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Updated: Trial begins for Bell ex mayor, vice mayor and council members on corruption charges

This combo made with booking photos provided by the Los Angeles County Sheriff's Department shows from top left, Luis Artiga, Victor Bello, George Cole, and Oscar Hernandez; from bottom left, Teresa Jacobo, George Mirabal, Robert Rizzo, and Peir'Angela Spaccia. The eight are charged with taking more than $5.5 million from the working-class suburb of Bell, Calif. in a scandal that triggered nationwide outrage and calls for more transparency in government. (AP Photo/Los Angeles County Sheriff's Department)
This combo made with booking photos provided by the Los Angeles County Sheriff's Department shows from top left, Luis Artiga, Victor Bello, George Cole, and Oscar Hernandez; from bottom left, Teresa Jacobo, George Mirabal, Robert Rizzo, and Peir'Angela Spaccia. The eight are charged with taking more than $5.5 million from the working-class suburb of Bell, Calif. in a scandal that triggered nationwide outrage and calls for more transparency in government. (AP Photo/Los Angeles County Sheriff's Department) /AP

Updated: Prosecutors in opening arguments accused six former Bell city councilmembers  with stealing more than $1 million from city taxpayers as the officials' corruption trial kicked off Thursday in Los Angeles Superior Court.

Luis Artiga, Victor Bello, George Cole, Oscar Hernandez, Teresa Jacobo and George Mirabal  are charged with misappropriation of public funds in a plot to line their own pockets at the expense of citizens.

In his opening statement, prosecutor Edward Miller said he will show how the former Bell leaders stole more than $1 million dollars. He called the Bell city council a “sham governmental body” that voted to pay itself more than a quarter of that money in less than two minutes of meetings.  

Miller displayed meeting agendas to show how Bell officials drew huge salaries from the boards they loosely governed — such as the Community Housing Authority, the Surplus Housing Authority, the Public Financing Authority and the Solid Waste and Recycling Authority.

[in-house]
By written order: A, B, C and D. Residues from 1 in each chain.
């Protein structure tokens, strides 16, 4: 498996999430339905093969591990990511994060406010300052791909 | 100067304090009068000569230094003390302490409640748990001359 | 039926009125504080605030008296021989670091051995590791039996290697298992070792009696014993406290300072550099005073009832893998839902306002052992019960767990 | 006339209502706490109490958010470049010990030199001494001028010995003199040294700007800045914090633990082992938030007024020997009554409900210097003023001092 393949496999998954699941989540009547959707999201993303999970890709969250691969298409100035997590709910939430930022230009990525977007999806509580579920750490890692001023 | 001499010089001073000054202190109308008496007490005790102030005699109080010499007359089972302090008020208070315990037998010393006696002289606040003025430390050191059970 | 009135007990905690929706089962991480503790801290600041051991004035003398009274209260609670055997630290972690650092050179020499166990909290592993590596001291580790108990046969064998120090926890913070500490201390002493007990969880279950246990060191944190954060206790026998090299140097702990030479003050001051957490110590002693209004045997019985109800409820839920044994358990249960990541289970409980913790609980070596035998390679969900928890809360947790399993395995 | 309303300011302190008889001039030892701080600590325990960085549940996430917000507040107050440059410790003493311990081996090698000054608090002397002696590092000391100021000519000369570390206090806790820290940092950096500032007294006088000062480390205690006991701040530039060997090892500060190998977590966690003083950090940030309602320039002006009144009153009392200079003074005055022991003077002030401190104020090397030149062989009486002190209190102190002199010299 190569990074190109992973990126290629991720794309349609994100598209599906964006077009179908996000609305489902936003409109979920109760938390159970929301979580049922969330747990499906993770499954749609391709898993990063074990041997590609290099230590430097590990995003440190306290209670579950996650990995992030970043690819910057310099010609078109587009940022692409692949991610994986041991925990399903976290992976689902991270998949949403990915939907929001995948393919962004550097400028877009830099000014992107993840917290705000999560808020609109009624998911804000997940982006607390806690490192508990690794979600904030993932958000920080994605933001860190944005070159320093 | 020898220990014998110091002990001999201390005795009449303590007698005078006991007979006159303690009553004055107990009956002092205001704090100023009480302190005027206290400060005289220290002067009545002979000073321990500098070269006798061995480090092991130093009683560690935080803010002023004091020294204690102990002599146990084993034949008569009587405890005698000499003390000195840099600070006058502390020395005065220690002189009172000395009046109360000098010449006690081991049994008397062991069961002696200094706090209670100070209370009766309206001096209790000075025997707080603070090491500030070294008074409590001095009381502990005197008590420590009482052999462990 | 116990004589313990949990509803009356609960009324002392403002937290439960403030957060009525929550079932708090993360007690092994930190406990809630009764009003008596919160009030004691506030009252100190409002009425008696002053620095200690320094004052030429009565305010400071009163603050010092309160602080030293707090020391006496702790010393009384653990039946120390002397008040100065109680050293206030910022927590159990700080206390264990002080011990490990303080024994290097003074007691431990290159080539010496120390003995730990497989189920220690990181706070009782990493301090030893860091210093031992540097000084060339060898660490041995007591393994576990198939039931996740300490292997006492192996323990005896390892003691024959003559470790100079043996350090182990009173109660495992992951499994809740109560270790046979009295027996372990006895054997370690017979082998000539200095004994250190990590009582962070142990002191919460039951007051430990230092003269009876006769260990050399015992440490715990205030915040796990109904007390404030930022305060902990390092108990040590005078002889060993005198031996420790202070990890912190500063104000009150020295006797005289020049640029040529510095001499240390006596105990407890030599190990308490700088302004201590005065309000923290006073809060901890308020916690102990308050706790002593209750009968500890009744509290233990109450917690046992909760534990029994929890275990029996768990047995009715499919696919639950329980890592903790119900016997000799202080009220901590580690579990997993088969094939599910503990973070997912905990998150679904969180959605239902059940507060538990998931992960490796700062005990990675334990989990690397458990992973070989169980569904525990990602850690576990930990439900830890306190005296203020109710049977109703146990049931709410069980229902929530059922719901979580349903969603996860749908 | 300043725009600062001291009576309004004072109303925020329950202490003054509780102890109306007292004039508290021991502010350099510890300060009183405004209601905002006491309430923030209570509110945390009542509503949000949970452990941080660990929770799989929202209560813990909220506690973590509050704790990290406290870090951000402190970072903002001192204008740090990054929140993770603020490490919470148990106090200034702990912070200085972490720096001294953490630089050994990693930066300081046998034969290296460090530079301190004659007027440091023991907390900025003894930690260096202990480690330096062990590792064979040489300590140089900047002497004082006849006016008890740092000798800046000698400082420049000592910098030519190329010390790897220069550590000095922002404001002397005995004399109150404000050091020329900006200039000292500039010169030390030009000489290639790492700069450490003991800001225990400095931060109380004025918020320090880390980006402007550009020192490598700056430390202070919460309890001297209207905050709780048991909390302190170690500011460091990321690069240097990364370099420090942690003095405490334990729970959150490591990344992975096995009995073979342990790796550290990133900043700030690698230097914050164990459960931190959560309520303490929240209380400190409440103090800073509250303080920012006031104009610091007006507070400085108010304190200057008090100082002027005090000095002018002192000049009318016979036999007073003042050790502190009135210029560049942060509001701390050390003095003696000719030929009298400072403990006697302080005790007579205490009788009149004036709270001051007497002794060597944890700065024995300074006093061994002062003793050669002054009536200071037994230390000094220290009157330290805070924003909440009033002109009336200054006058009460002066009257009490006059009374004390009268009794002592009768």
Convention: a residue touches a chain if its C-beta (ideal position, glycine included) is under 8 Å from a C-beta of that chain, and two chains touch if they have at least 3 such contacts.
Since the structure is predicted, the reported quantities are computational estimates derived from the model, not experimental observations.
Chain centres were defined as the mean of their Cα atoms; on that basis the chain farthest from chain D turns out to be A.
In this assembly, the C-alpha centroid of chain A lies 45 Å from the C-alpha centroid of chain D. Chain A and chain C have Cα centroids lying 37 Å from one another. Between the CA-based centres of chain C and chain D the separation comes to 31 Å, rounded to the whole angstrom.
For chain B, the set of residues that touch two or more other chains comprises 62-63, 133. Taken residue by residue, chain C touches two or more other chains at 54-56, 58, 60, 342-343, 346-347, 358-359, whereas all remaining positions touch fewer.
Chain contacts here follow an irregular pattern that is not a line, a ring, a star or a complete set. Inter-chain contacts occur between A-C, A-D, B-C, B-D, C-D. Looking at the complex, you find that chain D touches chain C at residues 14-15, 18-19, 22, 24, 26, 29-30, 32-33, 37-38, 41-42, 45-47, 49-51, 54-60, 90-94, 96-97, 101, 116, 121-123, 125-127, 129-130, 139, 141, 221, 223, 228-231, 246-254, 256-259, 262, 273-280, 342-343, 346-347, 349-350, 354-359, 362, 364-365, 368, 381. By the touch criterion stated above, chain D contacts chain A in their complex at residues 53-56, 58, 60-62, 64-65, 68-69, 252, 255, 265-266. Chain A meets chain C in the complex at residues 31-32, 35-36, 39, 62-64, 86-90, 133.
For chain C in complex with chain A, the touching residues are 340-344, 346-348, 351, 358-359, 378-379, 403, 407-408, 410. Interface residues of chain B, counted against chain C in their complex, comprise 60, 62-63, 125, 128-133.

The councilmembers would attend extremely short meetings of these boards, said Miller. Referring to a period between 2006 and 2007, he said "the total minutes for all of the boards was 34 minutes.  In other words,...the evidence will show that they worked less minutes than my opening statement will take this morning."

The former mayor and council members were legally entitled to be paid $673 monthly, or just over $8,000 a year, for what was designed to be a part-time job with a city of about 35,000 residents, Miller said. They were making more than $100,000 annually, not including retirement benefits, "when we caught up with them," he said.

The defendants have pleaded not guilty. In their opening statements, the lawyers for Cole and Mirabal said their clients believed their salaries were legal and reasonable.

"This was not a money grab," said Cole's lawyer Ronald Kaye, who argued that Bell had a city attorney and independent auditor who should have let  councilmembers know if there was anything illegal going on regarding their salaries.

Responding to prosecutor Miller's allegation that the defendants only worked part time, Kaye said, “George Cole worked full time for the people of the city of Bell.”

Mirabal's lawyer Alex Kessel said his client is only on trial because of "guilt by association."

Kaye sought to lay the blame for any wrongdoing at the feet of former City Manager Robert Rizzo. He said Cole trusted and relied on Rizzo, and that Rizzo duped the councilmembers. After the scandal broke, Cole tried to get answers from Rizzo, but Rizzo instructed his staff not to answer councilmembers' questions, said Kaye. He said Rizzo kept Cole and the other defendants in a "cocoon."

Rizzo will stand trial on separate corruption charges after the Bell Six.

PREVIOUSLY: Legacy of Bell's corruption case: high tax rates, new civic engagement

A jury was seated Wednesday after some prospects disclosed strong bias against the defendants. Those who said they were disgusted by reports of the defendants' greed were dismissed.

The city was driven to the brink of bankruptcy with some $5.5 million allegedly taken from city coffers.

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